Another athlete has spoken up about physical and mental abuse at the hand of a coach while undergoing training, including being kicked, hit and called insulting names.
World championship figure skater Jessica Shuran Yu, who was born and trained in China but competed internationally for Singapore, is the latest athlete to make abuse allegations in recent weeks.
Her allegations of mistreatment are the latest to rock the world of sports.
Former Australian gymnasts have gone public with accounts of physical, mental and emotional abuse, while activists this week called on Japan to tackle “rampant” mistreatment of young athletes.
The case of a South Korean triathlete who took her own life captured global headlines earlier this month, while bullying and sexual harassment controversies have also emerged in the US and Britain.
Yu detailed the alleged mistreatment in an Instagram post, saying that her coach hurled insults at skaters such as “lazy”, “fat”, “stupid” and “useless”.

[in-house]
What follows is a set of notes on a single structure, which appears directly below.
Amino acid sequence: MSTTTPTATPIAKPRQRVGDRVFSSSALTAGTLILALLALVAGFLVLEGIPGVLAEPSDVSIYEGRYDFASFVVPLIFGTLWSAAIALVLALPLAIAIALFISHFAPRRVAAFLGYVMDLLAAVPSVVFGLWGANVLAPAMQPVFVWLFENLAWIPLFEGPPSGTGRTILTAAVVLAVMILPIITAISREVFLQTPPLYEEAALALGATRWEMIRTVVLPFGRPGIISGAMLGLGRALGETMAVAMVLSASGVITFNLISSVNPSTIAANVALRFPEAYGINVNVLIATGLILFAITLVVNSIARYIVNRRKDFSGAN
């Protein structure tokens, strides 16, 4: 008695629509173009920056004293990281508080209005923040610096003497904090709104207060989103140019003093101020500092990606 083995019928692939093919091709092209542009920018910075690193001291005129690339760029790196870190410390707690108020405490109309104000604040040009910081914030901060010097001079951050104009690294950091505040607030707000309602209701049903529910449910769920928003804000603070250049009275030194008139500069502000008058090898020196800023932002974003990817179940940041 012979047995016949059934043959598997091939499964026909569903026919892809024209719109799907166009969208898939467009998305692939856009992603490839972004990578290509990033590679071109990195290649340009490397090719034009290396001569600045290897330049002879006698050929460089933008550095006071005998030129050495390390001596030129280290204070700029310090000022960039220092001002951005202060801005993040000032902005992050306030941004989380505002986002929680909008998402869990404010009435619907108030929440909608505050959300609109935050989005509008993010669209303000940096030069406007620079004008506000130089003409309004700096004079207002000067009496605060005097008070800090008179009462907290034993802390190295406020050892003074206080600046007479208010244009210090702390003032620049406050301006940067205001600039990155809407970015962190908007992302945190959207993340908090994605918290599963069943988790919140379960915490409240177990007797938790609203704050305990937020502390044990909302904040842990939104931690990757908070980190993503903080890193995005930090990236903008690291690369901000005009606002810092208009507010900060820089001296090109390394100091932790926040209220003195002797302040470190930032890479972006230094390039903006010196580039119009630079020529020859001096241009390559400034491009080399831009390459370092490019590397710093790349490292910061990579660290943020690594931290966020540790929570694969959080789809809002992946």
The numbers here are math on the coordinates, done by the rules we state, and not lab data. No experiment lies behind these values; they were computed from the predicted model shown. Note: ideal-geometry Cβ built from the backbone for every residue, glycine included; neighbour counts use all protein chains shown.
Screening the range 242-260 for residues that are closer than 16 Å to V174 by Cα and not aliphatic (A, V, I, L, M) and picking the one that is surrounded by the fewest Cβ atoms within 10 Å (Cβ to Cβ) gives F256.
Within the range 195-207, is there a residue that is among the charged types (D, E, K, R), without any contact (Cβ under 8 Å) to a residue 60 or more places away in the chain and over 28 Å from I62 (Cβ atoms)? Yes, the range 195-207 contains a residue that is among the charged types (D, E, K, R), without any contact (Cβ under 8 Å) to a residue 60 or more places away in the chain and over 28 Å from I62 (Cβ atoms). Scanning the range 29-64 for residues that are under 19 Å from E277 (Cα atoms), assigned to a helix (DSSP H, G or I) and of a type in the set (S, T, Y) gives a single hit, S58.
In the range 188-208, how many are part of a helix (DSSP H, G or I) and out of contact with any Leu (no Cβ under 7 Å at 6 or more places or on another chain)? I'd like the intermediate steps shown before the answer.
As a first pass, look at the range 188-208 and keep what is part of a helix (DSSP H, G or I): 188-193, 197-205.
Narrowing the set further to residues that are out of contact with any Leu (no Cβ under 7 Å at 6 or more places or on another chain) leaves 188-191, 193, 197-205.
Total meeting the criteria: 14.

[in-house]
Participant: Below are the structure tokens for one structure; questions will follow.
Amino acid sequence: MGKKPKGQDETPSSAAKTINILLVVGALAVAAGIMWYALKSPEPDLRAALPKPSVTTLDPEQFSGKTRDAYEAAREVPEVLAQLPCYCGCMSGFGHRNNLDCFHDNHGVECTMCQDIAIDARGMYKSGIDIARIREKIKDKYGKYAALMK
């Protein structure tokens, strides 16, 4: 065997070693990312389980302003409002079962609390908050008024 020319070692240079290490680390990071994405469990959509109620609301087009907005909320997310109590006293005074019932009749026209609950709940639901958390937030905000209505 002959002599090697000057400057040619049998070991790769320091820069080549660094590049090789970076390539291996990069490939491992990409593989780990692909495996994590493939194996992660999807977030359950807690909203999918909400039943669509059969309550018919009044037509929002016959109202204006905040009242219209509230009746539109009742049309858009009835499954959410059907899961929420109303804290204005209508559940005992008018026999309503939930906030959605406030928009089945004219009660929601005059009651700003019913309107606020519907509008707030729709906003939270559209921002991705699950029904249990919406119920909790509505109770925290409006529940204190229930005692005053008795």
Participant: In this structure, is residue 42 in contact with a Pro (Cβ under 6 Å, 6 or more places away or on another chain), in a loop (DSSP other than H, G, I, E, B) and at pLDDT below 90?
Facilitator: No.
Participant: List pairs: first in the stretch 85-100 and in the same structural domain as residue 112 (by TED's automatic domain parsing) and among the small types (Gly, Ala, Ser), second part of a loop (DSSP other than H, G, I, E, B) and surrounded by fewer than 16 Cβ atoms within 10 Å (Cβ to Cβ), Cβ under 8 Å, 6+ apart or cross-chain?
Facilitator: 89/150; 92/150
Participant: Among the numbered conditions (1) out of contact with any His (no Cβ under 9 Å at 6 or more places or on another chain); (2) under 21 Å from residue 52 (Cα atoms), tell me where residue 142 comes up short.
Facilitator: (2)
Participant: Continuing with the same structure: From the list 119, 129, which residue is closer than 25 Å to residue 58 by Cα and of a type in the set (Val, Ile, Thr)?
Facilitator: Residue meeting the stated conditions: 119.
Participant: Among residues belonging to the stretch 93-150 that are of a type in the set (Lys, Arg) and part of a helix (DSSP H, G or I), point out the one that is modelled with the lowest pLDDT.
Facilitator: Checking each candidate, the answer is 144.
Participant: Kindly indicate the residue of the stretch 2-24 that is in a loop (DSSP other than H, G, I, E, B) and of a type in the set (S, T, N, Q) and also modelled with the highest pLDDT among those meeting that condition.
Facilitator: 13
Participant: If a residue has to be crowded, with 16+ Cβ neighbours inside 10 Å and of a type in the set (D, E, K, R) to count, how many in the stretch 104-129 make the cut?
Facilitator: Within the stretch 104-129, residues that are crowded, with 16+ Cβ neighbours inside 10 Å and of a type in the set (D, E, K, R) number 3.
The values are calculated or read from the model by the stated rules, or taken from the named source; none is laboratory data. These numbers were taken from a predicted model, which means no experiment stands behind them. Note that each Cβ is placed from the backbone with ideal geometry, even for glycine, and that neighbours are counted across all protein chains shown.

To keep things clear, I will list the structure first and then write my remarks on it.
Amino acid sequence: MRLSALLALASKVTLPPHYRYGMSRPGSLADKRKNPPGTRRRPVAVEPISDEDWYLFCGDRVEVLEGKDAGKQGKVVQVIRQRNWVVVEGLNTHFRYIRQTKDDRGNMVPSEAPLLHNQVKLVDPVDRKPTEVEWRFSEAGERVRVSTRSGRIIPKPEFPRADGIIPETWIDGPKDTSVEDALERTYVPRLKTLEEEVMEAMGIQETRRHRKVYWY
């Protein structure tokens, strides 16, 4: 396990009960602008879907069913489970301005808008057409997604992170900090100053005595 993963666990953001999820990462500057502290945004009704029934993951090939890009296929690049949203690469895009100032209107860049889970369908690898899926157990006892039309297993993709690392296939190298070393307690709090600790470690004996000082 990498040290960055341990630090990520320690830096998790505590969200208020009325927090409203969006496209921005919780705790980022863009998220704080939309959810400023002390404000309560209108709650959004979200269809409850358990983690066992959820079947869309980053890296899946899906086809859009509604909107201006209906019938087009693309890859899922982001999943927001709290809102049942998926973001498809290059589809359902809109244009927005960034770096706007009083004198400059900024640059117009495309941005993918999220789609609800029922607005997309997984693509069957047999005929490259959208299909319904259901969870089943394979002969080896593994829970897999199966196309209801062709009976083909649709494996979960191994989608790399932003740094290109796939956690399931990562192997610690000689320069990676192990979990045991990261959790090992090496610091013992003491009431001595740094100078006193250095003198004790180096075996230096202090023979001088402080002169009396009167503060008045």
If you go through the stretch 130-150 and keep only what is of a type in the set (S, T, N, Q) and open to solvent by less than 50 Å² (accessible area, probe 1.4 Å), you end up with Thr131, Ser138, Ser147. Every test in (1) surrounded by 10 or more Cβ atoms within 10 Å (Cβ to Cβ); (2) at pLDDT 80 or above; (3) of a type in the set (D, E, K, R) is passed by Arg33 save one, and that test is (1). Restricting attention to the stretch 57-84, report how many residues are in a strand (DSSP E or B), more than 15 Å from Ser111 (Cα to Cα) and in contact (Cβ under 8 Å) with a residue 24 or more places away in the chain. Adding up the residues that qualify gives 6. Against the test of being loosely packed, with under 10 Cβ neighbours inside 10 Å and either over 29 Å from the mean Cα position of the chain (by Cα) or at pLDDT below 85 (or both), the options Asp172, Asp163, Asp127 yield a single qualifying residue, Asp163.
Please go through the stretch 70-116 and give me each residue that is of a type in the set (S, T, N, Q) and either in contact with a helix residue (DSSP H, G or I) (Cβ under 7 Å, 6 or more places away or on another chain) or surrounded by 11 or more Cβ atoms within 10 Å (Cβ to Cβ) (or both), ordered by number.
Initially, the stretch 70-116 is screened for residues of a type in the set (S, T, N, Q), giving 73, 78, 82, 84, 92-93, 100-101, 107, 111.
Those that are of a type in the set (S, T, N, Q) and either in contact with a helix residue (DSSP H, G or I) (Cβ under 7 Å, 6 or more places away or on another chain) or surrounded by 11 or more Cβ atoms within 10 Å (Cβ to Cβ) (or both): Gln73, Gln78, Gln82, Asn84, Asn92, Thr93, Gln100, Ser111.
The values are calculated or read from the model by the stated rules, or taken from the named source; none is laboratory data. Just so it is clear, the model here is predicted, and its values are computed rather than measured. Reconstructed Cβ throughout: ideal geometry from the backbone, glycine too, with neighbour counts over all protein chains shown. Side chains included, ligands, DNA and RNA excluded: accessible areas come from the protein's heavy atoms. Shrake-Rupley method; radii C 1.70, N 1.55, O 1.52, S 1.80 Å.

“I was eleven years old when the physical abuse started,” wrote Yu, who competed in the 2017 world championships, describing how her coach would hit her using a plastic blade cover.
“When he got angry with me, which seemed to happen whenever I made the smallest mistake, he would ask me to reach out a hand.
“On especially bad days, I would get hit more than ten times in a row, until my skin was raw.”
Her coach would also kick her shin with the blade of a skate, the 19-year-old said.
“Even though I would be bleeding from his kick, I would have to turn around and continue practice without limping as to avoid angering him more,” she said in the post on Wednesday.
She said the physical abuse “levelled off when I started competing in the seniors. However, the verbal and mental abuse was consistent. I don’t remember a time without it.”
As a Singaporean athlete who had trained in China, Yu said she was in a unique position to speak out about the “culture of abuse” in China.
Yu, who has now retired from competitive skating, said there was a “toxicity that plagues aesthetic sports like gymnastics and figure-skating”, adding: “This needs to be talked about.”
“If publicising my story can raise some awareness, spark some anger, and help others deal with their experiences, then it is more than worth it,” she added. (Source: Bangkok Post)